REALTOR® income is up for the second year in a row, according to the 2013 National Association of REALTORS® (NAR) Member Profile. The median gross income of a REALTOR® jumped from $34,900 in 2011 to $43,500 in 2012.
You know what that means: A new crop of real estate agents is trickling onto the scene. Cities like Detroit and Jacksonville are already seeing an influx of new real estate agents as the market rebounds and income rises.
Let’s give those folks some pointers, shall we?
Tip #1: Be Kind
Real estate is a service industry. Agents are constantly in service to their buyers, sellers and fellow agents. That means agents must possess the following:
- Good listening skills
- Ability to work well with others
- Solid work ethic
The takeaway? Inconsiderate, antisocial mavericks need not apply. If you’re not prepared to put the needs of others first on frequent occasion (which could mean answering the phone at 2 a.m., helping your clients move or counseling sellers through a tough time), real estate may not be the field for you.
Tip #2: Thrive on Self-Motivation
Agent C.J. Johnson: “Write and follow a business plan. Run your desk like a business. You and only you control your success.”
Teamwork is an important part of life as a real estate agent. Agents are in constant contact with clients, other agents, lenders, title agents and a litany of other professionals.
And while it’s essential to work well on a team, agents must prepare for one harsh reality: The “team” isn’t going to pay your bills.
Agents typically work as independent contractors and are paid by commission. To succeed in this field, agents must be self-motivated.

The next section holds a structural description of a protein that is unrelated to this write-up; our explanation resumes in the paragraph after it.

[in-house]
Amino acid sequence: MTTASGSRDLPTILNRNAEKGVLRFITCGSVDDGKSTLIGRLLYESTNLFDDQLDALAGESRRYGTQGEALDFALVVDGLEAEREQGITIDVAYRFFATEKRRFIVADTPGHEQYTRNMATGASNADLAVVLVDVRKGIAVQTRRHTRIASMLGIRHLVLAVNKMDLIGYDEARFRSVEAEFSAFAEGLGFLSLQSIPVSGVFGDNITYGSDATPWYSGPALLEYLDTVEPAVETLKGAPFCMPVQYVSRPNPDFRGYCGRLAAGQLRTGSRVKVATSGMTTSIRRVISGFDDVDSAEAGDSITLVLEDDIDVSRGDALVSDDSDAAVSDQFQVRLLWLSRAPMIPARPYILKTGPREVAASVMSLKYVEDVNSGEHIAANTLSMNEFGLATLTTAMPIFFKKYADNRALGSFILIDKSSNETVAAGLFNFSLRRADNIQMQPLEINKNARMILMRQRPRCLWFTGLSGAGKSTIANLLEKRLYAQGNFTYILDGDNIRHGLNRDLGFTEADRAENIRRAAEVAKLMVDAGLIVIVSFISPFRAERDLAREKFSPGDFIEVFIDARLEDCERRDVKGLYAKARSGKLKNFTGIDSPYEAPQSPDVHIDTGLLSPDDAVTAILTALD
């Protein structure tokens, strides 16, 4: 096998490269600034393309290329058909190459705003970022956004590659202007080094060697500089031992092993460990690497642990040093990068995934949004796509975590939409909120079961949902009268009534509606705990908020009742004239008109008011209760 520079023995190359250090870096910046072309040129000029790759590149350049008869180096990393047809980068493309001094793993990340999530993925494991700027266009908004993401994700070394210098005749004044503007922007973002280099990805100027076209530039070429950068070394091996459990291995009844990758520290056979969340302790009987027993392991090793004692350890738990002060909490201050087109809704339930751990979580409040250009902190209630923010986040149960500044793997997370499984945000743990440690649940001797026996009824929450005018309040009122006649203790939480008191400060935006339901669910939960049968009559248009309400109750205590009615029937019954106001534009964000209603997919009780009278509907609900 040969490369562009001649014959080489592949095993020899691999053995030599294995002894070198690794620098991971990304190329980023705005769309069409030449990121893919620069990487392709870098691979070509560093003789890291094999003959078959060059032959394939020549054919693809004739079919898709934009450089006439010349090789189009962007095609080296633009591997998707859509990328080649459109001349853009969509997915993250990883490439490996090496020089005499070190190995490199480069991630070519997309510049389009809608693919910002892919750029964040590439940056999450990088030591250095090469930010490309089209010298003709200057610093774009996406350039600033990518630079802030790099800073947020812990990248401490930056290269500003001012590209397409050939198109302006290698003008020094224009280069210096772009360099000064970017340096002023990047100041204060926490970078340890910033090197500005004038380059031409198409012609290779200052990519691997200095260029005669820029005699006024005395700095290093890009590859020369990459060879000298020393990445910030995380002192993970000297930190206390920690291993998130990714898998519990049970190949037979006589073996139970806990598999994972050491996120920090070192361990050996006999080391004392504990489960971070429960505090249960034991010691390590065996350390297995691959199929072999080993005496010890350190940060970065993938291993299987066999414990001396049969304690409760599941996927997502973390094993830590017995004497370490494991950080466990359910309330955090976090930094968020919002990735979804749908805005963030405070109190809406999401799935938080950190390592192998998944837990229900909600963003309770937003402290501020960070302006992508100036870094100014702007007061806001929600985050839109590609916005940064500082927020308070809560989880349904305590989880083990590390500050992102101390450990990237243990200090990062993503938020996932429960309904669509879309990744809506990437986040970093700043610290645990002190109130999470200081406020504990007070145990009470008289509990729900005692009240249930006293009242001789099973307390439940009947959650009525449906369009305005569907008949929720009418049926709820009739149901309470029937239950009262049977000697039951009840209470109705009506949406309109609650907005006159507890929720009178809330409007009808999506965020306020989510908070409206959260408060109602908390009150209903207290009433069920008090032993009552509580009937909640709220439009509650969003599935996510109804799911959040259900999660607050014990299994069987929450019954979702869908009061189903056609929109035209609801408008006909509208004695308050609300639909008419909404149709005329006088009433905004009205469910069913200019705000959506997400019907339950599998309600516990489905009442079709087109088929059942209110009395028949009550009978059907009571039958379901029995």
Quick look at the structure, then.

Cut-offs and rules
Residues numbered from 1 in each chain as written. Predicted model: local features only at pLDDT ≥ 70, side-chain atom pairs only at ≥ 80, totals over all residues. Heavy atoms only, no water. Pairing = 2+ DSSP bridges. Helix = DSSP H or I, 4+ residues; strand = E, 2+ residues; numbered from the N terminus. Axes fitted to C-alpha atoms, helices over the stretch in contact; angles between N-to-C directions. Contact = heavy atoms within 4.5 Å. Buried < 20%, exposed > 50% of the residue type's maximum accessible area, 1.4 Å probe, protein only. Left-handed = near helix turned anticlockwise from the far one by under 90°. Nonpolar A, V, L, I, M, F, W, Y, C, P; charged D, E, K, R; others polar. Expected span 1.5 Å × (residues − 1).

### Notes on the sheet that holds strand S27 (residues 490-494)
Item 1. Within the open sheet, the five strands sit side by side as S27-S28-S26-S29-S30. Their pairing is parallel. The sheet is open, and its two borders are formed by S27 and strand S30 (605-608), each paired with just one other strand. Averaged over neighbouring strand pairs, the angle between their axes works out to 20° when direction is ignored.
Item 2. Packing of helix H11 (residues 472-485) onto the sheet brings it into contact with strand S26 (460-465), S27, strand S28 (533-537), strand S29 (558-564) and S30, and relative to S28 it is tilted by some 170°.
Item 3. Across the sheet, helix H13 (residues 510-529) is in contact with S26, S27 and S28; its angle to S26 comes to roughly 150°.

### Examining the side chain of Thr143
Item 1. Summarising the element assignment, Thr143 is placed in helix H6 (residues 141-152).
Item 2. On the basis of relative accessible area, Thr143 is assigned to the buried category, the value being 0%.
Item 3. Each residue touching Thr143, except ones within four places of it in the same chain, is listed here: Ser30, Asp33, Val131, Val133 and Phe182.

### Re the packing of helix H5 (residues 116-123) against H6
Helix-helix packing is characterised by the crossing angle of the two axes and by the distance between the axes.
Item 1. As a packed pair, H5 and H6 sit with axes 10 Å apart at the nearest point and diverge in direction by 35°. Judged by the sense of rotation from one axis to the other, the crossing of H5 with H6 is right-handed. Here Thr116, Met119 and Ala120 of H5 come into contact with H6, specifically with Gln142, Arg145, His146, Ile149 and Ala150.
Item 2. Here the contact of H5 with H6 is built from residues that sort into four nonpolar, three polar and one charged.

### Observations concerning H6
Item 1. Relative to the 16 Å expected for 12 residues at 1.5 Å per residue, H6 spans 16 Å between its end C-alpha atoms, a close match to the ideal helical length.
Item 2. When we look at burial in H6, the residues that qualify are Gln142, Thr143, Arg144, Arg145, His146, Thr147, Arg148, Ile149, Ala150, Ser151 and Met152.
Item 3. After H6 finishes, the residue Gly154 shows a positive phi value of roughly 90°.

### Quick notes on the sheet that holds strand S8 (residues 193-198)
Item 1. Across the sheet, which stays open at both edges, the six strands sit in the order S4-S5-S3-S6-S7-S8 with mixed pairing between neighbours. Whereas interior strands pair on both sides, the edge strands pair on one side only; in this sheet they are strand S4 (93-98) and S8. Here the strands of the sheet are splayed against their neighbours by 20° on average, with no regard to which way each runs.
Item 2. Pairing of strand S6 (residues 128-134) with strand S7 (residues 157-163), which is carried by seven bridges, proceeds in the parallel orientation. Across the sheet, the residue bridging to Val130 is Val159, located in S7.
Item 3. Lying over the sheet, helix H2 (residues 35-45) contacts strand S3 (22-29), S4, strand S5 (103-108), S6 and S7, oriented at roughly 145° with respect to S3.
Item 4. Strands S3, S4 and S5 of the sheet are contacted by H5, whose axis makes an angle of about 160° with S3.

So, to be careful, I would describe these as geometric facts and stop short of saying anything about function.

You can’t expect business to fall in your lap simply because you have a license. Will you make cold calls without being prompted? Are you willing to learn a new skill without it being a requirement? Are you constantly prospecting / networking / researching?
If so, expect your “pipeline” to be properly “stuffed.” Which brings us to Tip #3:
Tip #3: Stuff the Pipeline
Say good-bye to a regular salary. Watch those regular office hours fade into the horizon, and get ready for the unpredictability of life as a real estate agent. Seemingly-perfect deals do fall apart on closing day, and commission checks will slip just out of grasp.
Don’t ever assume a deal is going to go through. Don’t make financial decisions based on an anticipated closing. Assume the worst, hope for the best, and don’t forget tip #4.
Tip #4: Save for the Lean Months
Agent Lori White: “Have 6 months of expenses budgeted, in savings.”
Yet another financial reality of real estate is the lack of benefits.
According to the NAR, only 4 percent of REALTOR® members receive health insurance through their brokerages, and 83 percent are independent contractors. So don’t forget to build up savings to pay for:
- Payroll taxes
- Health/dental/vision insurance (if necessary)
- Advertising materials
- Brokerage / licensure fees
…and perhaps most importantly, save.
Fiscal crises have a way of popping up when you’re least prepared to handle them. Pocket at least 6 months of living expenditures to get through the lean months and any financial emergencies.
Tip #5: Rest
Angie Rogers Nishnick: “Make sure you take a real day off and pick a time to call it a day. It’s easy to get wrapped into working 7 days a week. Your clients will understand because they don’t work 7 days a week either. The business will be there, but if you burn out you won’t be useful to your clients.”
Showings. Open houses. Botched deals. Real estate is a stressful (and busy) industry.
So don’t forget to recharge your batteries regularly. It’s easy for real estate to become a 24/7 gig, especially if you don’t set boundaries. So follow Angie Rogers Nishnick’s advice:
A stressed, harried, exhausted, barely-there real estate agent is of no use to anyone. Not to a client, not to a family member, not to a friend.
So make yourself useful. Go get some rest, would you?
What Advice Do You Have for New Real Estate Agents?
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Photo courtesy rachelvoorhees